If you’ve run into me in the last couple months you’ll likely have heard me talking a lot about the need, power and abilities of trusted intermediaries. What is a trusted intermediary? It’s someone who sits between two parties, entities or ideas that don’t naturally trust each other and provides a bridge.

Do you trust this bridge? Why?

Do you trust this bridge? Why?

In some ways, this train of thought stems from the posts on bridgers and xenophiles started by Ethan Zuckerman and riffed on by myself. It’s only as my continued work in the African tech space has evolved that I have come to understand the true value of this concept. Seeing my position makes me realize how valuable it is to be trusted and in the center of a group of unknowns (ideas, funding, people or projects). It’s in the unknown areas of our lives that we search for trust, for people or conduits that impart a measure of confidence to our next decision. For the nod that tells us we’re heading out on the right path.

We lean on trusted intermediaries all the time, in both mundane decisions and important interactions. When you’re looking for a mechanic, you’ll trust your neighbor’s opinion over the phone book. If you need a new bike helmet, you’ll trust online reviews before you buy one with no reviews. Likewise, when you’re going to make a large investment in the African tech space, you’ll search out trusted intermediaries first.

A case study: Ushahidi

When someone is looking to invest in an African tech startup, using seed funding or grants (and it is the same for non-profits or for-profits) they are nervous. There’s a lot of other good ideas out there in other parts of the world, the low hanging fruit, that they feel more comfortable in putting money into. Why Africa? Why you?

Ushahidi started off quickly, and we were able to raise funds for continued operations much faster than many other similar non-profit tech organizations. While we’d all like to think it’s due to the brilliant tool we’ve built, we have to be honest and recognize that the individuals behind it are what gave the funders confidence to move forward. Ory, David, Juliana and I had been on the public stage for a while; we were known quantities.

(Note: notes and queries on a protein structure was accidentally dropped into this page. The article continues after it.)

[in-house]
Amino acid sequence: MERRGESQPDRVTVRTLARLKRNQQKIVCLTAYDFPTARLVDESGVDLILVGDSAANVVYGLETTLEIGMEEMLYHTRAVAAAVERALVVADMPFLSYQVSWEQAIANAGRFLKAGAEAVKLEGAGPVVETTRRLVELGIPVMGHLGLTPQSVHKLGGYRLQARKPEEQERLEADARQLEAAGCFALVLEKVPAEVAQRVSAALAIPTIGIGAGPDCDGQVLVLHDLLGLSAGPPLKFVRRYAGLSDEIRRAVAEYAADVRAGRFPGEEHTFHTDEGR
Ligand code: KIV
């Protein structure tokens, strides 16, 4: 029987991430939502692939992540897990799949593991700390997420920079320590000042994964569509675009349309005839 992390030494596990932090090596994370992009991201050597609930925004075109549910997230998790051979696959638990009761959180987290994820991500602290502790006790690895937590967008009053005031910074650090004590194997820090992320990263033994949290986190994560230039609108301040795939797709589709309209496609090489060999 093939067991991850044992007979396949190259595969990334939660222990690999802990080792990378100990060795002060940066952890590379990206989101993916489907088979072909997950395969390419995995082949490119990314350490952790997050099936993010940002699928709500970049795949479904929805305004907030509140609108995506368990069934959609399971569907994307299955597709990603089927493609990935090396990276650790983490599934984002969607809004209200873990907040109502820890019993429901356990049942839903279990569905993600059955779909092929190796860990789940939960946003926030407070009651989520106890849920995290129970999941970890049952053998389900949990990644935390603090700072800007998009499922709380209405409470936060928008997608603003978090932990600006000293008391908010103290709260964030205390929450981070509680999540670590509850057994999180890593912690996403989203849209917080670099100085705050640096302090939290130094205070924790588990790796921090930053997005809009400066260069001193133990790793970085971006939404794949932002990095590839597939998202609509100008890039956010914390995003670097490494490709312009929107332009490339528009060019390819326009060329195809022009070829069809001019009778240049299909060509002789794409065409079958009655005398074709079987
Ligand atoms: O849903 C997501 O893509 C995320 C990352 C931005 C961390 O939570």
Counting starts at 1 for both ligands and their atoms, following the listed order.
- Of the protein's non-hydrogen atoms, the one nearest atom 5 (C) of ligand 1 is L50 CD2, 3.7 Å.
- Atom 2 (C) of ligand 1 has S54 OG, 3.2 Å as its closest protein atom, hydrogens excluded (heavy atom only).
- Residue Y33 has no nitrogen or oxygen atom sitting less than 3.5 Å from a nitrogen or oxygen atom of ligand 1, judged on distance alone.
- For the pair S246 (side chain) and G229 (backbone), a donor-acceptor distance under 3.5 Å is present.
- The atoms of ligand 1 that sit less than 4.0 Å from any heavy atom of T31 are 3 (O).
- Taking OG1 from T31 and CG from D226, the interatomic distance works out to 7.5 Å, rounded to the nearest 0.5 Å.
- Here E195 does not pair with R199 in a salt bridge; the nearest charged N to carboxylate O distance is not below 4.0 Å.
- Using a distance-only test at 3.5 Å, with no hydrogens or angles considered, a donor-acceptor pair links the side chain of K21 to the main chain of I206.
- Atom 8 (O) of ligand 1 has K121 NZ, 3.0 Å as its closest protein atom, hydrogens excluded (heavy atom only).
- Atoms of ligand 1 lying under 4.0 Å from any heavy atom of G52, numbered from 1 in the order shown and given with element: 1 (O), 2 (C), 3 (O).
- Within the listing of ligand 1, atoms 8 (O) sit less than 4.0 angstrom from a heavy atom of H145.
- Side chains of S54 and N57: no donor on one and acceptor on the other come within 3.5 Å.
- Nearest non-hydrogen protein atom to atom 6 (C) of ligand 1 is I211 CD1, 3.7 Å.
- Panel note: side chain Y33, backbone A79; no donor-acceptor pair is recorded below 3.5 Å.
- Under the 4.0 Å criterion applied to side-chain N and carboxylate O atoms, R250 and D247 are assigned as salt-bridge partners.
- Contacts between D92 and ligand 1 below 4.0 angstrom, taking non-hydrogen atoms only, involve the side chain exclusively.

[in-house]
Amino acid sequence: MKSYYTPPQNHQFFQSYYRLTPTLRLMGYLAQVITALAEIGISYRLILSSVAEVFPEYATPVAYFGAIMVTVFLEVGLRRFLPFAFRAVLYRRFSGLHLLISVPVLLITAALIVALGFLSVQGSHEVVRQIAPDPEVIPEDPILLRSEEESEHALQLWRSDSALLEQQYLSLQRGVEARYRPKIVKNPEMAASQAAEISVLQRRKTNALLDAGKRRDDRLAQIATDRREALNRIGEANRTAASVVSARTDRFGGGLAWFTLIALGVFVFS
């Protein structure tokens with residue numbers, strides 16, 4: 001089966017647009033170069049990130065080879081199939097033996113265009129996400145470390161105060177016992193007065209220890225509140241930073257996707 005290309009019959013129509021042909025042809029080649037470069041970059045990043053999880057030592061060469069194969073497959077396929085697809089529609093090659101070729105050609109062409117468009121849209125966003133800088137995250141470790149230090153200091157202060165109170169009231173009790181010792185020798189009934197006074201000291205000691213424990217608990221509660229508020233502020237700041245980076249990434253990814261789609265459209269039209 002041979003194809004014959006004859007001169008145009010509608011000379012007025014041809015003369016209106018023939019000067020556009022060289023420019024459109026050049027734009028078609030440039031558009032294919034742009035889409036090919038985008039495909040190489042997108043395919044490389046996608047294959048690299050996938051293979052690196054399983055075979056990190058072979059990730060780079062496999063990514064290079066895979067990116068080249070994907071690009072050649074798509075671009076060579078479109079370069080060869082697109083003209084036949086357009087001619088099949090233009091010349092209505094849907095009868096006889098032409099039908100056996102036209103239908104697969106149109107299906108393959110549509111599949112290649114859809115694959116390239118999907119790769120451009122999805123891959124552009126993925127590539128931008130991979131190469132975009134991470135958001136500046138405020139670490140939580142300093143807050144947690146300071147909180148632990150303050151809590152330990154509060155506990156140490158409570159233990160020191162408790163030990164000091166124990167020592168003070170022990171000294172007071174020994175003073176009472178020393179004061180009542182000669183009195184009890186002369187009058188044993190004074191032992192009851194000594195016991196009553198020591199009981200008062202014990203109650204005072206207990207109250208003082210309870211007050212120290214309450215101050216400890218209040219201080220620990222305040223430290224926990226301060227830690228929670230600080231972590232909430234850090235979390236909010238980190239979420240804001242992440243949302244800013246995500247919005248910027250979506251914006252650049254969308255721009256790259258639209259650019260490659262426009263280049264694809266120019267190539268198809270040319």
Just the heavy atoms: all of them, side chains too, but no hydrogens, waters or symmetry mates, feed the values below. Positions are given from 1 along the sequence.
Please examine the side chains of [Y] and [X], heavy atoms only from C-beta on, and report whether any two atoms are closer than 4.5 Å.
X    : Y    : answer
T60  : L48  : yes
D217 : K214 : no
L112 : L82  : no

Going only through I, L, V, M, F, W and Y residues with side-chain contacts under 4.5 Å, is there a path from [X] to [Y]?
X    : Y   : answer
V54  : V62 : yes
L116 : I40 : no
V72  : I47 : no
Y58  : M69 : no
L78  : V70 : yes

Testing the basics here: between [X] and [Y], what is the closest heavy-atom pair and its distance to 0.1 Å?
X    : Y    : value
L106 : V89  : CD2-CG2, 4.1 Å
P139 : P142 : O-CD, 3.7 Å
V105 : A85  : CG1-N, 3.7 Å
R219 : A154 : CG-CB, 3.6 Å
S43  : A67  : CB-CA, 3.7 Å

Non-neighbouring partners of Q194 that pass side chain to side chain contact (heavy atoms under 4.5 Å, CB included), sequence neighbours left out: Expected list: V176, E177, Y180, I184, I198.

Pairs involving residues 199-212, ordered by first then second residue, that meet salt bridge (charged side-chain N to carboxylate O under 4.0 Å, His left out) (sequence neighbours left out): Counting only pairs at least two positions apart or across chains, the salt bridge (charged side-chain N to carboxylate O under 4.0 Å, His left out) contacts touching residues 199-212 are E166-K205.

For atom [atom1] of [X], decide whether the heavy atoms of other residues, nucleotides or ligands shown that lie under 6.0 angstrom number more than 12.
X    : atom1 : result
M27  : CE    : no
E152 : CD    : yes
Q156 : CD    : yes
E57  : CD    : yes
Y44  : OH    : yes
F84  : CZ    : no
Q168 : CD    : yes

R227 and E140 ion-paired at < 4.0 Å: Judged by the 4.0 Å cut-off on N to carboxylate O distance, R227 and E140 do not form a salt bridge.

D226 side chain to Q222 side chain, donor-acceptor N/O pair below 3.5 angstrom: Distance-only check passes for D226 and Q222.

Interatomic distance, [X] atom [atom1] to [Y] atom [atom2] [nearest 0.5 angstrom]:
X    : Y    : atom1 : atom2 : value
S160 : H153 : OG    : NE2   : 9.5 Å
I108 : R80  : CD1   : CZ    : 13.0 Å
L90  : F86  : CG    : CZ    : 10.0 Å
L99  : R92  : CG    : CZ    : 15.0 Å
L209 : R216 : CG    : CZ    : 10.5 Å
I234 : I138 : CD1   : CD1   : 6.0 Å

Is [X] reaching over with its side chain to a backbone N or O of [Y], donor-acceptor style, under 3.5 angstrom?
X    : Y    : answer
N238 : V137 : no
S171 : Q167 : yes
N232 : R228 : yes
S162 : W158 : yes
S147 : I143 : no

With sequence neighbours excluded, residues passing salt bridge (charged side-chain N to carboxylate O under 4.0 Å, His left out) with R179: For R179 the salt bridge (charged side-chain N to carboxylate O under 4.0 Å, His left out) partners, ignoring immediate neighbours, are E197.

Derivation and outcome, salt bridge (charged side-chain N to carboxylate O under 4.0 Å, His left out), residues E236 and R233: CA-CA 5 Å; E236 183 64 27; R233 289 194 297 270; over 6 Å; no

We were trusted intermediaries before Ushahidi was even thought of. Which begs the question: would our team have been able to raise funds for almost any idea just as easily? Probably not, as the Ushahidi idea, timing and application are special. However, the point is still made, money flows when the people are trusted.

Trusted intermediaries elsewhere

Jon Gosier is a trusted intermediary. His Appfrica Labs incubator and innovation center in Kampala provides a person and entity that funders, projects and individuals are drawn too. His blog keeps him front and center in people’s minds.

Glenna Gordon is a trusted intermediary. She’s a photographer who has been romping around Central, East and West Africa for a couple of years. If you need a pro shooter in a hard spot like Liberia, you’ll find her blogging away at Scarlett Lion.

Eric Osiakwan in Ghana is a trusted intermediary. His leadership at the African ISP Association and the track record he’s had on projects makes him an easy person to go to in West Africa, and his Internet Research firm makes a perfect conduit for interacting with him.

Of course, these three are just a sample, there are many more like them cross the continent in different fields.

What is consistent about trusted intermediaries is that they have found a way to create a bridge between two things, and are trusted by both sides of that bridge. It’s why personal relationships, consistency, reliability and trust are more important now than ever before.